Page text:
Album review: BILLY WALTON BAND – Wish For What You Want

BILLY WALTON BAND – Wish For What You Want

self release [Release date August 2014]

Things may come and things may go but there’s always a better than average chance that the New Jersey shore line will periodically produce a band worth spending your leisure time on.

The Billy Walton band is such a band. Sure they’ve taken the long way round with 4 albums and an EP already under their belt, but ‘Wish For What You Want’ is a notable step up as they have nailed their soulful blues style.

The emphasis is on strong songs, deep grooves, Billy’s confident vocal performance and his subtle tone colours, while the band’s sparkling interplay is framed by a top class production from Tony Braunagel and a crisp mix by the famed John Porter.

Above all, this is the album on which the band comes of age. The magnificent horn section of Ian Gray on trombone and Sean Marks on sax, fits perfectly into a succession of tight arrangements that are given a solid foundation by rigorous rhythm section of drummer Johnny D’Angelo and bassist William Paris.

Mike Finnegan’s B3 feature sets the standard on the opening title cut and Billy responds with a deep solo over a fabulous horn arrangement and some climatic band interplay

And then of course there’s the fast growing song writing partnership of Billy Walton and Randy Friel. Friel produced the band’s previous album, and his lyrics lock in perfectly with Billy’s bristling style.

The band’s new found confidence is evident on the subtle drop-down of the title track, while the album as a whole also stretches their musical horizons, with elements of funk, soul, blues rock & roll and simply great songs.

‘True Lovin Man’ is a perfect example, being a classic Robert Cray style melody with real commercial possibilities and it’s matched by the soulful, piano led ‘Til Tomorrow’.

The Billy Walton band is a powerhouse outfit that operates within soulful, funky, blues and rock & roll parameters, but ‘Wish For What You Want’ is their most mature and convincing work.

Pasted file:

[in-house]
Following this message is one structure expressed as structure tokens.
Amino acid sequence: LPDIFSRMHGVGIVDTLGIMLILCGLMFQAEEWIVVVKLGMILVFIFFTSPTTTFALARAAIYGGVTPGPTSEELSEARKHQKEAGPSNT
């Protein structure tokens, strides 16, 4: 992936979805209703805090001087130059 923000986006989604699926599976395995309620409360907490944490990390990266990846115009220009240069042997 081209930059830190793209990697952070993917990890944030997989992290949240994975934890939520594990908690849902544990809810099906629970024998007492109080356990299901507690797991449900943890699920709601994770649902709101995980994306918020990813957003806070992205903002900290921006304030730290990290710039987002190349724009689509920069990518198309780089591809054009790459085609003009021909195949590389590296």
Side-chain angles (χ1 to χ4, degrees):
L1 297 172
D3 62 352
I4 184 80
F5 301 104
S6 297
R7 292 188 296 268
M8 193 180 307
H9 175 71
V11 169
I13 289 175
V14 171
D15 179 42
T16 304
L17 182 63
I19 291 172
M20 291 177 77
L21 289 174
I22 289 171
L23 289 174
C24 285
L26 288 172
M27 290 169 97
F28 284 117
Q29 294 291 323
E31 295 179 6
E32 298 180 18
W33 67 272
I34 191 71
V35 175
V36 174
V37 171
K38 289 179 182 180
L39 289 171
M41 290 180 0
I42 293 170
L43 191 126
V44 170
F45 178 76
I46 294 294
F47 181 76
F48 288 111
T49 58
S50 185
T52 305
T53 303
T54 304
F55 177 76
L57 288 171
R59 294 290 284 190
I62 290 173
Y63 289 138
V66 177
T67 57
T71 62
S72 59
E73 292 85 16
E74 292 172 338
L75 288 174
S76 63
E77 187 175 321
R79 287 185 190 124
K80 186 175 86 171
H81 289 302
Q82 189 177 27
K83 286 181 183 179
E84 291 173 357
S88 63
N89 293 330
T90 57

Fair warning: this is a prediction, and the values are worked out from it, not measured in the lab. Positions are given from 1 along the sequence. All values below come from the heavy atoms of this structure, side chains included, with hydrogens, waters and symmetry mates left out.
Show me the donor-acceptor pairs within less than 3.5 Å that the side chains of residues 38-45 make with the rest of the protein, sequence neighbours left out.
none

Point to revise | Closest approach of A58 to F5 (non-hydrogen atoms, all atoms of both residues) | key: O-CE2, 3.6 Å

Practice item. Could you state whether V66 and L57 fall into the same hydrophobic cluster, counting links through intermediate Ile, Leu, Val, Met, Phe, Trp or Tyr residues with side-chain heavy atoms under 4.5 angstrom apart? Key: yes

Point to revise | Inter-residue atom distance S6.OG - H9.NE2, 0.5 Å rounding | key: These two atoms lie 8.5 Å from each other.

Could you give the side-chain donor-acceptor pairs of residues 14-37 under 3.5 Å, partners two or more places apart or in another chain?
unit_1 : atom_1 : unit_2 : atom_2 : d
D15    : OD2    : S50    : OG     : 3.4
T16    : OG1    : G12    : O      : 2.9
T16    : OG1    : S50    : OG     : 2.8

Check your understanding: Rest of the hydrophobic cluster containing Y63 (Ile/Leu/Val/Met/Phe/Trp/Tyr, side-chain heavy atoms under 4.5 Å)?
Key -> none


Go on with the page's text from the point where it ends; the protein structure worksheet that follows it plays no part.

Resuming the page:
They explore a musical equilibrium that suites their style without sacrificing their natural exuberance. And when they do rock out as on ‘Come On Up’, they suitably build up the tension and then resolve it with a tightly wrapped, clean toned solo from Billy.

Southside Johnny adds some lyrical blues-harp alongside Billy’ dobro on the down-home ‘Blues Comes A Knockin’, which is neatly juxtaposed by ‘Forgive’ And Forget’ a killer funky groove with a Hendrix style sculpted wah-wah solo and powerful horn lines.

This is the Billy Walton band at it’s most imperious as they effortlessly weave in and out of the groove. It’s also a live in the studio track that fuses spark and polish to great effect.

There’s a change of pace and tone on the cool atmospheric groove of ‘Change’, which is built on a John D’Angelo neat drum pattern. It’s a reflective piece on which Billy’s voice is mixed slightly back as he contributes a nicely distorted solo.

He switches to slide on ‘Worried Blues’ a meditative piece on contemporary times that could have been extended, while ‘Hudson County Star’ is a parody of two recently disgraced New Jersey major’s.  The song is voiced with a country tinged roadhouse rock feel, with Stones’ ‘Exile On Mainstream’ influences before exploding into a bulldozing barrelhouse piano and slide guitar finish.

‘Wish For What You Want’ is an aptly titled, as the band could surely not have asked for a better circumstances, with their best ever European tour matching their best album.  ****

Review by Pete Feenstra

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